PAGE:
Note: I will endevor to provide a bibliography and italicize any direct quotes from the materials I use for this blog. If there are mistakes, errors, and/or omissions, I take full responsibility for them as they are mine and mine alone. If you find any mistakes, errors, and/or omissions please comment and let me know along with the correct information and/or sources.



“What you are reading right now is a blog. It’s written and posted by me, because I want to. I get no financial remuneration for writing it. I don’t have to meet anyone’s criteria in order to post it. Not only I don’t have an employer or publisher, but I’m not even constrained by having to please an audience. If people won’t like it, they won’t read it, but I won’t lose anything by it. Provided I don’t break any laws (libel, incitement to violence, etc.), I can post whatever I want. This means that I can write openly and honestly, however controversial my opinions may be. It also means that I could write total bullshit; there is no quality control. I could be biased. I could be insane. I could be trolling. … not all sources are equivalent, and all sources have their pros and cons. These needs to be taken into account when evaluating information, and all information should be evaluated. - God’s Bastard, Sourcing Sources



“You should prepare yourself to dedicate at least five or six years to your training and practice to understand the philosophy and physiokinetics of martial arts and karate so that you can understand the true spirit of everything and dedicate your mind, body and spirit to the discipline of the art.” - cejames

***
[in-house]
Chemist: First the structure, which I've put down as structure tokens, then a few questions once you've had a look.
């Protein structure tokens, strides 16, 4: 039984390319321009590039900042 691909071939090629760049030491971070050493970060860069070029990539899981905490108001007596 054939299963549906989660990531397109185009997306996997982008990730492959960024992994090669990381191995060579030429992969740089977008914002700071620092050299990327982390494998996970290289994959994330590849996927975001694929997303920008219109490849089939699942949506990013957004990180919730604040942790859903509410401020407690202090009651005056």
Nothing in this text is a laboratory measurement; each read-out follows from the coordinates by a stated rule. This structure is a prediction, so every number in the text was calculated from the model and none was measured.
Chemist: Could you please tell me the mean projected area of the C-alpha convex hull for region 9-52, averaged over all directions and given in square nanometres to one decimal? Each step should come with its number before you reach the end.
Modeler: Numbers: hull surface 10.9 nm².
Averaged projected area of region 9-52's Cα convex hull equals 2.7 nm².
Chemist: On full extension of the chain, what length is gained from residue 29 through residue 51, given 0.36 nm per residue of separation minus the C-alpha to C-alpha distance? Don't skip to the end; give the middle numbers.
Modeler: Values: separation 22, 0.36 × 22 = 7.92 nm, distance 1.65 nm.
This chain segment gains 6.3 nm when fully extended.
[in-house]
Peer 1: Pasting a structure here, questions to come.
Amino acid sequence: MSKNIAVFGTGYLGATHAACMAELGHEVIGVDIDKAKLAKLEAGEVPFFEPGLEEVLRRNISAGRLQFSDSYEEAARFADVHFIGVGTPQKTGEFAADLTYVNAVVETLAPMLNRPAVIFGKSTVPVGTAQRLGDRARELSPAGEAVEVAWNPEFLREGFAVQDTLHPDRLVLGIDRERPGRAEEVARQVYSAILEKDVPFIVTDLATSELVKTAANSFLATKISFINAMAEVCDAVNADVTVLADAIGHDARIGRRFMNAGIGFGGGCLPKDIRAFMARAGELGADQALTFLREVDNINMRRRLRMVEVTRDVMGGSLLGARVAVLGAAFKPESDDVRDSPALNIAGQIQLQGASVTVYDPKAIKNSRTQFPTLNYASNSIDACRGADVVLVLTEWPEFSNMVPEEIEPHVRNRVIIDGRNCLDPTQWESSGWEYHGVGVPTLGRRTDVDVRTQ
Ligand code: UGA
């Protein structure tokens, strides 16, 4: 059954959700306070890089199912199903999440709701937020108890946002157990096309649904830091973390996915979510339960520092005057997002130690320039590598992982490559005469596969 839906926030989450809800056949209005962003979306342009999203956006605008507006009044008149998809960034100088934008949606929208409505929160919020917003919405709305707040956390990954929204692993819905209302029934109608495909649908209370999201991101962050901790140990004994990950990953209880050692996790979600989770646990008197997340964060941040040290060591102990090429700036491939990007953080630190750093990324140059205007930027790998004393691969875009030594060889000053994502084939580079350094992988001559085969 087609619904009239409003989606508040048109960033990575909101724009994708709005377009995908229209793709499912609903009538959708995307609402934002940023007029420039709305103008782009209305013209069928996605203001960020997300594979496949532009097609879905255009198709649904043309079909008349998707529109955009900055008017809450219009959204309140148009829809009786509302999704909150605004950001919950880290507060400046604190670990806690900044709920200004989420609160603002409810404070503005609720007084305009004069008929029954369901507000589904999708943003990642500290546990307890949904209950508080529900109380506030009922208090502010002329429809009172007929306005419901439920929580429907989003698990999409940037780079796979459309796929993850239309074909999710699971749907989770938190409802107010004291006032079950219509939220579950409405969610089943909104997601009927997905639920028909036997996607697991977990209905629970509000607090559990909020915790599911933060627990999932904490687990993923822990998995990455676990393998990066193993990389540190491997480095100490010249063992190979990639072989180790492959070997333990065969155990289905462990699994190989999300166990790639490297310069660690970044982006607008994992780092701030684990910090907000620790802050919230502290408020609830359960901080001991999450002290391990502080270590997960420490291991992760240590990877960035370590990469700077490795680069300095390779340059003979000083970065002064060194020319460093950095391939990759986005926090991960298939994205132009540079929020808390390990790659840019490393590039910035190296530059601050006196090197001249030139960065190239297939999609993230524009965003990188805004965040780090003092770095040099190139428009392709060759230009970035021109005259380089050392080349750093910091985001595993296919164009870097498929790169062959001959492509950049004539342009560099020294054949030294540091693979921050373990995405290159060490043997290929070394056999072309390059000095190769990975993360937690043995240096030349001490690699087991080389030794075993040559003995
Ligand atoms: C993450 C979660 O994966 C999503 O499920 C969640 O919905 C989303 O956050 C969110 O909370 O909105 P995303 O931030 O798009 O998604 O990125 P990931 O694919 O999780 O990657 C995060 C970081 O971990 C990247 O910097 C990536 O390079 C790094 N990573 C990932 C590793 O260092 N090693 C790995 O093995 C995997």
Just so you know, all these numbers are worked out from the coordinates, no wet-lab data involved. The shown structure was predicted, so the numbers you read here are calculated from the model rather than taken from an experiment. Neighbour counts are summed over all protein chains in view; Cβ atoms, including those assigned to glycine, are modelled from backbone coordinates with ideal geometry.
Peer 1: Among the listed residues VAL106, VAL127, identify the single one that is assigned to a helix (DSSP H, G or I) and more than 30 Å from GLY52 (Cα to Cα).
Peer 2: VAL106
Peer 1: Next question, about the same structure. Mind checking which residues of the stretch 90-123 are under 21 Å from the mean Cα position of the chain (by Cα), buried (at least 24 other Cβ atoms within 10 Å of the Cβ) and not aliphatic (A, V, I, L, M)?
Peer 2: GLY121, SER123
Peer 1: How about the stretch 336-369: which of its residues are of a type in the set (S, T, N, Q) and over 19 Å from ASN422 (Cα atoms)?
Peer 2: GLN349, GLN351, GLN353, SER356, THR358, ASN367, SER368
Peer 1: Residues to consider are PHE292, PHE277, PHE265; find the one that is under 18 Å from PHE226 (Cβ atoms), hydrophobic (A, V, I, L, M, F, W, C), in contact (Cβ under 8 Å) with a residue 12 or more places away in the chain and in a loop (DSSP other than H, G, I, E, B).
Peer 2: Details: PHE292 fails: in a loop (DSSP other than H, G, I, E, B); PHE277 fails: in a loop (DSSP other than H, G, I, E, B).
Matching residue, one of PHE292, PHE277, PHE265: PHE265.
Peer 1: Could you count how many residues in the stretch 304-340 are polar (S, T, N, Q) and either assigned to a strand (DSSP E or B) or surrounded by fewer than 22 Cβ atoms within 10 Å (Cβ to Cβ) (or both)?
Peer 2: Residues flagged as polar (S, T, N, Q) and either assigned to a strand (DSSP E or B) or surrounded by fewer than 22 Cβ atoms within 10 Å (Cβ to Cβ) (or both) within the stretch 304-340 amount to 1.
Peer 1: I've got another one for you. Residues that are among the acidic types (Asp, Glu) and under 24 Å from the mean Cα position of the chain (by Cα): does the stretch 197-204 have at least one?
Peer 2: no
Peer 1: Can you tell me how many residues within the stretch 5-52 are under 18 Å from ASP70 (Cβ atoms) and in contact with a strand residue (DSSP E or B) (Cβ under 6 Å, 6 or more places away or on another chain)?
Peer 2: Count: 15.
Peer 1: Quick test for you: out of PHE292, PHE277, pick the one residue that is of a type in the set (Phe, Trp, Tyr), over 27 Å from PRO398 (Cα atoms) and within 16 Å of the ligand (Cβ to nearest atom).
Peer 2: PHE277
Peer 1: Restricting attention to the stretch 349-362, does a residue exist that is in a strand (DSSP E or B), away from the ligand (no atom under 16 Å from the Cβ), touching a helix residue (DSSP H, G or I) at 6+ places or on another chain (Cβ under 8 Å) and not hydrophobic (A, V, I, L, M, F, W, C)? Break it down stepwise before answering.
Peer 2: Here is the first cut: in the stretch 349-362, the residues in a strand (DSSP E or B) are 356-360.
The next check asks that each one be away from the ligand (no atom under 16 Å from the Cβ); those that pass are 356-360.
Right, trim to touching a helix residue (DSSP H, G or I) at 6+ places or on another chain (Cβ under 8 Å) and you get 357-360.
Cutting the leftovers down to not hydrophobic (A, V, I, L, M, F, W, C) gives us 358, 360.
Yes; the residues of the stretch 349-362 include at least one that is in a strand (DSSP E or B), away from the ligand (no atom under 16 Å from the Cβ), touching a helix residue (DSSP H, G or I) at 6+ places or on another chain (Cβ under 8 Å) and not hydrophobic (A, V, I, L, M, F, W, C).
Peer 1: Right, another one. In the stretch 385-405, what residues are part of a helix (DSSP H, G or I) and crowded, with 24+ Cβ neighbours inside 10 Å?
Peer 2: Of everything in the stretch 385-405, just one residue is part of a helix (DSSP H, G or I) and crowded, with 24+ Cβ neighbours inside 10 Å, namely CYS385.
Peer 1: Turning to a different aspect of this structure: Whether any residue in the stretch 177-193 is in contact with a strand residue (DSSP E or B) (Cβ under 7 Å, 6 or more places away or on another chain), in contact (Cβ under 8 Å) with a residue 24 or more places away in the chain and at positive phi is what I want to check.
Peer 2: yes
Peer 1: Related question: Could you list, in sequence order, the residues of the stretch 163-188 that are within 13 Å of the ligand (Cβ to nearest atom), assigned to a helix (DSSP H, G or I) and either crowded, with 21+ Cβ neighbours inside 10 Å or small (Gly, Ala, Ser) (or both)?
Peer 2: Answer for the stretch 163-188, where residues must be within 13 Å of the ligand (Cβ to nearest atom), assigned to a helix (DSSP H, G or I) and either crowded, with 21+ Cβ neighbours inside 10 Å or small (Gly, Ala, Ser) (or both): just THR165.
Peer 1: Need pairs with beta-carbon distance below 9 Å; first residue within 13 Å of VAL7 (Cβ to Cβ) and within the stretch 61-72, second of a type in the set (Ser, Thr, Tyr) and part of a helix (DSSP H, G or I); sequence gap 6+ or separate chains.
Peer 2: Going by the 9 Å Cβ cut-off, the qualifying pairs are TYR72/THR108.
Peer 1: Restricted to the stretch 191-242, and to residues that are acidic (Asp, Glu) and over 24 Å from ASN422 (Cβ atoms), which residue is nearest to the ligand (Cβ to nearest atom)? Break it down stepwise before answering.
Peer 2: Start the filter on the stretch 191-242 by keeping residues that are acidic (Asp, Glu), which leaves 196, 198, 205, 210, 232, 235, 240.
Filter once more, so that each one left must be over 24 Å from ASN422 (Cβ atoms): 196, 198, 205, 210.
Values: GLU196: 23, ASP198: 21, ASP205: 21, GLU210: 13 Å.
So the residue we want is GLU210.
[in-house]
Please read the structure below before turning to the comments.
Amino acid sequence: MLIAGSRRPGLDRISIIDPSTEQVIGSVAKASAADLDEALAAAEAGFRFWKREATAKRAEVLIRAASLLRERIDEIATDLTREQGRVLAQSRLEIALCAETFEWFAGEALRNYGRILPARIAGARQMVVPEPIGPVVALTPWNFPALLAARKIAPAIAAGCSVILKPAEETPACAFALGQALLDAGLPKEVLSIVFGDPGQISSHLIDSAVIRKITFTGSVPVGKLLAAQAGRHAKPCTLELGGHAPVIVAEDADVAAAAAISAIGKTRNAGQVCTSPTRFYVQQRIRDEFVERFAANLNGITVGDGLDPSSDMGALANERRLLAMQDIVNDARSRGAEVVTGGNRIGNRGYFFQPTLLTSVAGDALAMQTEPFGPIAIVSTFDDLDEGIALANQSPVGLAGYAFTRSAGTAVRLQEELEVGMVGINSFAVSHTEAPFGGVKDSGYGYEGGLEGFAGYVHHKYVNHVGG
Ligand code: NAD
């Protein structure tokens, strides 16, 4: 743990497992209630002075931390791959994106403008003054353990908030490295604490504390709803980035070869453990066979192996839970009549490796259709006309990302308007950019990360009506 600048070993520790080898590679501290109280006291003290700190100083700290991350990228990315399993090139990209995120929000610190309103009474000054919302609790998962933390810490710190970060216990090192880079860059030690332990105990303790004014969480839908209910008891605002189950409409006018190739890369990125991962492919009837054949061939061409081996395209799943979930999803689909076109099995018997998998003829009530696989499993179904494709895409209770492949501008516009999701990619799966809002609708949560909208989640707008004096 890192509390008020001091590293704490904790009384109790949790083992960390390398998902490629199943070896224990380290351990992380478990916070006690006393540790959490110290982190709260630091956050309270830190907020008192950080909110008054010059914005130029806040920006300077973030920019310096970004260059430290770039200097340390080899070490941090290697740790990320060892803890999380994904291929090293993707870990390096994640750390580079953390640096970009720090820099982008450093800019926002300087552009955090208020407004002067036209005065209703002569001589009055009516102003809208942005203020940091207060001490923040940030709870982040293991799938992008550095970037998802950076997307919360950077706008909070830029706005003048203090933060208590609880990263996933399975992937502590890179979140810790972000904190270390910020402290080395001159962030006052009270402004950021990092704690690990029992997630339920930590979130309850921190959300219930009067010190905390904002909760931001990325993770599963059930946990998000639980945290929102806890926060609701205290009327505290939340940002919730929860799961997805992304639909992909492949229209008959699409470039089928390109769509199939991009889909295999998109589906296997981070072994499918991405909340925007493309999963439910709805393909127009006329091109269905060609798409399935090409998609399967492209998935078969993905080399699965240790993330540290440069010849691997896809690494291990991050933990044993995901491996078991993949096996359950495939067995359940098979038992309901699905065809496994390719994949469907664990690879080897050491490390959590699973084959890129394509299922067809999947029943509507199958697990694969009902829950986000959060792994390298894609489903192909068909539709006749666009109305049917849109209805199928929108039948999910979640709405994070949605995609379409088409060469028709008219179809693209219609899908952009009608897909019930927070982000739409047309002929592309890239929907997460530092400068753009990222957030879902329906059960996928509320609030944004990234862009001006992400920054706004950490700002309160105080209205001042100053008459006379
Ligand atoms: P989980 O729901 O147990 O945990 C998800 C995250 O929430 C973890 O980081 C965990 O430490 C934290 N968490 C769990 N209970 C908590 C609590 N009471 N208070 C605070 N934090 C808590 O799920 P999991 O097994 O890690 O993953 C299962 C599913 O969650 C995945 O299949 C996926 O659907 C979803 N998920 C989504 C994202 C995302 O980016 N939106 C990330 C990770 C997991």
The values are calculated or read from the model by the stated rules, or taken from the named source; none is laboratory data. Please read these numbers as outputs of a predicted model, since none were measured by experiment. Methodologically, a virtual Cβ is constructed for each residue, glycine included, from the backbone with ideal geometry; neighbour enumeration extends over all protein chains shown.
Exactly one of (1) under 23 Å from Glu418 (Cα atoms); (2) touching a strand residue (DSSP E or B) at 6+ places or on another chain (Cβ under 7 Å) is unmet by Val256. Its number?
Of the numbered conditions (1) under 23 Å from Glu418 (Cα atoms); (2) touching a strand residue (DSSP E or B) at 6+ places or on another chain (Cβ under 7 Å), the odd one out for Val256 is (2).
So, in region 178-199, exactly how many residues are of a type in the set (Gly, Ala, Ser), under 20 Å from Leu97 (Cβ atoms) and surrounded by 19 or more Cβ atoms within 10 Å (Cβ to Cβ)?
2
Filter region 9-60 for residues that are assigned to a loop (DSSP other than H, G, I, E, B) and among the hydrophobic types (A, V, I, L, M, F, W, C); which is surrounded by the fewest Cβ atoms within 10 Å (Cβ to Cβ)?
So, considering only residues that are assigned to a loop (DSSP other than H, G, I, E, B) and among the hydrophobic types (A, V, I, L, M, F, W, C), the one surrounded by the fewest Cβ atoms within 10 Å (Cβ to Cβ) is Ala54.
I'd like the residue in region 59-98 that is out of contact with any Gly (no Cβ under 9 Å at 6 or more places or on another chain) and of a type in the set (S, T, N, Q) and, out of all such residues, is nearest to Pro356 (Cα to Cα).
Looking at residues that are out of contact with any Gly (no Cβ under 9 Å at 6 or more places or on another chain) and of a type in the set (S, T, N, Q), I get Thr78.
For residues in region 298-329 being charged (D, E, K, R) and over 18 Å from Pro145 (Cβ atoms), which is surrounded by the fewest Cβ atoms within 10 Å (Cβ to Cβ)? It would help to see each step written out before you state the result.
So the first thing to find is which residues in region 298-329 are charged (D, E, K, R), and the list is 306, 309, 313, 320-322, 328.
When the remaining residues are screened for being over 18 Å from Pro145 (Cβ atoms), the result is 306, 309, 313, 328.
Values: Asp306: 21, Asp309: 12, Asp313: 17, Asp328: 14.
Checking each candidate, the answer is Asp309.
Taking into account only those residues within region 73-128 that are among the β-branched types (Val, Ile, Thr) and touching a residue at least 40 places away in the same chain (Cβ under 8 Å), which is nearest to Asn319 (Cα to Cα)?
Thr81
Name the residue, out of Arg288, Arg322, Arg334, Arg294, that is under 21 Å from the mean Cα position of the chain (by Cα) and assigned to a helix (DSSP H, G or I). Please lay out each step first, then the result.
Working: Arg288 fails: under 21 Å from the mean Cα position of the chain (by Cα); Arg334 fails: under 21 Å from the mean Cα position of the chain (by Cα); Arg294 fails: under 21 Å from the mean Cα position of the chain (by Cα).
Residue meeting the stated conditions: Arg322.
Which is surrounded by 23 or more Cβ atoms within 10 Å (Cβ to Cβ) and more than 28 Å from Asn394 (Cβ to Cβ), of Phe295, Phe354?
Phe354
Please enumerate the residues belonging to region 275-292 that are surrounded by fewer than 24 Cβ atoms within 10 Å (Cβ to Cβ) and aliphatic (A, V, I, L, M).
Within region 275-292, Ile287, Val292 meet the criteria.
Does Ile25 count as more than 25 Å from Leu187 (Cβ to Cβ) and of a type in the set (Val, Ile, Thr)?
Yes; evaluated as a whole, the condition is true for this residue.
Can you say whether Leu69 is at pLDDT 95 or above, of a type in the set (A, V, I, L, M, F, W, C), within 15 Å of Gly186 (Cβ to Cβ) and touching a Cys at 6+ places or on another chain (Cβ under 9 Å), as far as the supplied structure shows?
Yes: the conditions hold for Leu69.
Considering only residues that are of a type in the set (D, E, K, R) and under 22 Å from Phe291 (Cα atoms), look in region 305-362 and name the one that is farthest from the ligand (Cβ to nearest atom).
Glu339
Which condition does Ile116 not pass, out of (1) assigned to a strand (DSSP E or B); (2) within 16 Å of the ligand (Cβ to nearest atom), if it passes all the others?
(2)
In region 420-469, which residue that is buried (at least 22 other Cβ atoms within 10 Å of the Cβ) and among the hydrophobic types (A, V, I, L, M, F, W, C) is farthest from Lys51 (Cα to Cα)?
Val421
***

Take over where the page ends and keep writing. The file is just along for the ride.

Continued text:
“All I say is by way of discourse, and nothing by way of advice. I should not speak so boldly if it were my due to be believed.” - Montaigne

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On The Other Hand

Caveat: This article is mine and mine alone. I the author of this article assure you, the reader, that any of the opinions expressed here are my own and are a result of the way in which my meandering mind interprets a particular situation and/or concept. The views expressed here are solely those of the author in his private capacity and do not in any way represent the views of other martial arts and/or conflict/violence professionals or authors of source materials. It should be quite obvious that the sources I used herein have not approved, endorsed, embraced, friended, liked, tweeted or authorized this article. (Everything I think and write is true, within the limits of my knowledge and understanding. Oh, and just because I wrote it and just because it sounds reasonable and just because it makes sense, does not mean it is true.)